In the face of global warming and climate change, the world is experiencing the worst-ever coral bleaching event, and seems it won’t get better.
The WWF estimates that 50% of the world’s coral reefs has disappeared in the last 30 years.
In an effort to help sustain the coral reefs and their delicate ecosystems, scientists from around the world have tried a variety of innovative methods.
Most recently, one group of international experts – including D-Shape, Reef Design Lab and Reef Arabia – is using 3D printing to replace damaged reefs around the world.
Scientists claimed that the project, which is also the world’s first 3D printed reef, has already shown signs of success in Bahrain and Monaco, where it has been implemented.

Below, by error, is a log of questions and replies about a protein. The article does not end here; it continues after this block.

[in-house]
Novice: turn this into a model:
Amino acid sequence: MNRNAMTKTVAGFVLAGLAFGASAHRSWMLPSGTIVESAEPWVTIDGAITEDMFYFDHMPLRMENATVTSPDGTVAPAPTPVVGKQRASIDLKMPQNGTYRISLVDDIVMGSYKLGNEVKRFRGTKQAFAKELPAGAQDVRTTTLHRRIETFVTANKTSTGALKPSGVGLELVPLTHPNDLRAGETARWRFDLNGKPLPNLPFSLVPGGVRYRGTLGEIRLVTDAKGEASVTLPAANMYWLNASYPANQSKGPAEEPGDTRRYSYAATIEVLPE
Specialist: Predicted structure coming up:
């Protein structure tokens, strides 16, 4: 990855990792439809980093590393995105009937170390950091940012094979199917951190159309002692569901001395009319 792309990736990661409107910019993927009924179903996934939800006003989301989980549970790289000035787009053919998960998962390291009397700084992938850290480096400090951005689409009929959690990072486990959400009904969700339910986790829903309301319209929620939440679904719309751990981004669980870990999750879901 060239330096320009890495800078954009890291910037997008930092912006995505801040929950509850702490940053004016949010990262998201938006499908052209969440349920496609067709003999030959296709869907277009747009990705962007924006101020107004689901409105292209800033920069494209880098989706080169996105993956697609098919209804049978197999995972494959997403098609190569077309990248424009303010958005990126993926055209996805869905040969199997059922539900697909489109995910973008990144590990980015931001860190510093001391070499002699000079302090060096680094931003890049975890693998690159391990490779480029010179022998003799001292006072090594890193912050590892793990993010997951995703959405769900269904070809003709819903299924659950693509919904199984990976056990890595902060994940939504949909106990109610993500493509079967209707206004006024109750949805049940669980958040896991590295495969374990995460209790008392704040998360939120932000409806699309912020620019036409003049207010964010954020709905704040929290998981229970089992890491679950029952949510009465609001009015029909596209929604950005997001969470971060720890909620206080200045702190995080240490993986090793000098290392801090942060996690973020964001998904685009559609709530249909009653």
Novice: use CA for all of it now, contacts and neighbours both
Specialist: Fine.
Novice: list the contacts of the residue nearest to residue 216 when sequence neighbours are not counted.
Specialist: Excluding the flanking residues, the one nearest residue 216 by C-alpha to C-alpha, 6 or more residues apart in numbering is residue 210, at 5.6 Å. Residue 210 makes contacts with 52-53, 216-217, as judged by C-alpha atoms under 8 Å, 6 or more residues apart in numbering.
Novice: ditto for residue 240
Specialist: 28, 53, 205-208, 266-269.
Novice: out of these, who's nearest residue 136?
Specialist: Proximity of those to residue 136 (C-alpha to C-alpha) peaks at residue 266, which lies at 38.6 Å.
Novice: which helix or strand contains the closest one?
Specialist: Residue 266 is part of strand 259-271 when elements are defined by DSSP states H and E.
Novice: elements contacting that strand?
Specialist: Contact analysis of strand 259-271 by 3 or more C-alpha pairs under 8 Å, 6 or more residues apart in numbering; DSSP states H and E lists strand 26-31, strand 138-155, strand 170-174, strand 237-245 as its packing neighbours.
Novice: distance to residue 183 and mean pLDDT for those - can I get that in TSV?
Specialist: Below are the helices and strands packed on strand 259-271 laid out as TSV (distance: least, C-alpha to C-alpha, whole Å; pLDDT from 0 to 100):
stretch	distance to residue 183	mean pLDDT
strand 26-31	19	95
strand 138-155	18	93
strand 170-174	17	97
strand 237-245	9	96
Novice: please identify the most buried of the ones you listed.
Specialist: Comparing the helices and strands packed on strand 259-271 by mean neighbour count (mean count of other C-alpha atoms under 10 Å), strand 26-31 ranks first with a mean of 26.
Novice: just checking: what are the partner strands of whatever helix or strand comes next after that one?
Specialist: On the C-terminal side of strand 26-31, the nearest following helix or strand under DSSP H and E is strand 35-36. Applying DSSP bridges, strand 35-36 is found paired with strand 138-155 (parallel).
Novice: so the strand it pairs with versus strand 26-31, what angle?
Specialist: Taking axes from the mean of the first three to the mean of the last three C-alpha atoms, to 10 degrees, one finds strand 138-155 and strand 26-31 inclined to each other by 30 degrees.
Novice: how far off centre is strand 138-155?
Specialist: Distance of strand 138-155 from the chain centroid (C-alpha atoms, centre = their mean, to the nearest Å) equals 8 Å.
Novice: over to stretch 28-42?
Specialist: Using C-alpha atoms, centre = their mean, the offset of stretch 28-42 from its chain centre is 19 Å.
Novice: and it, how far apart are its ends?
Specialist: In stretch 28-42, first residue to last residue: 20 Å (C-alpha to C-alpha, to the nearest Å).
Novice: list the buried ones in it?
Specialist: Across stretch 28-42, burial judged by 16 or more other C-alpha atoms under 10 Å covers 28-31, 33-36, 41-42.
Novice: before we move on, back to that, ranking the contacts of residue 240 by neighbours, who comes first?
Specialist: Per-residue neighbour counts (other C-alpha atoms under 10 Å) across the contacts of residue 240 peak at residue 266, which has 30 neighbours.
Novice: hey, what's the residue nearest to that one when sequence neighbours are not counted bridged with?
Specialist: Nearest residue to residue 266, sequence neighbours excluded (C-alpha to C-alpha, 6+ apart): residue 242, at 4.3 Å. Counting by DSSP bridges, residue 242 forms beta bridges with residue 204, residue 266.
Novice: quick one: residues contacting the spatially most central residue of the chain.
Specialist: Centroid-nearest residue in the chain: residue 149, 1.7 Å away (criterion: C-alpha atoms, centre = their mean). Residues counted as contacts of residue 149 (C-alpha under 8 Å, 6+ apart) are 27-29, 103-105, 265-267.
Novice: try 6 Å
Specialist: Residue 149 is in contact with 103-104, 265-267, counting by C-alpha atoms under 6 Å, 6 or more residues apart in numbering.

“The 3D printer allows us to print an incredible range of different organic, natural-looking shapes,” says David Lenon, co-founder, Reef Design Lab.
To create the reefs, instead of using plastics, scientists used sand – one of the most natural materials you could ever use.
Seems 3D printing improves this process, producing reefs that better imitate hard coral.
Scientists believe this technlogy is revolutionising and is the way of the future.
Coral bleaching -a consequence of rising sea temperatures or pollution – is the loss of intracellular endosymbionts (Symbiodinium, also known as zooxanthellae) from coral either through expulsion or loss of algal pigmentation.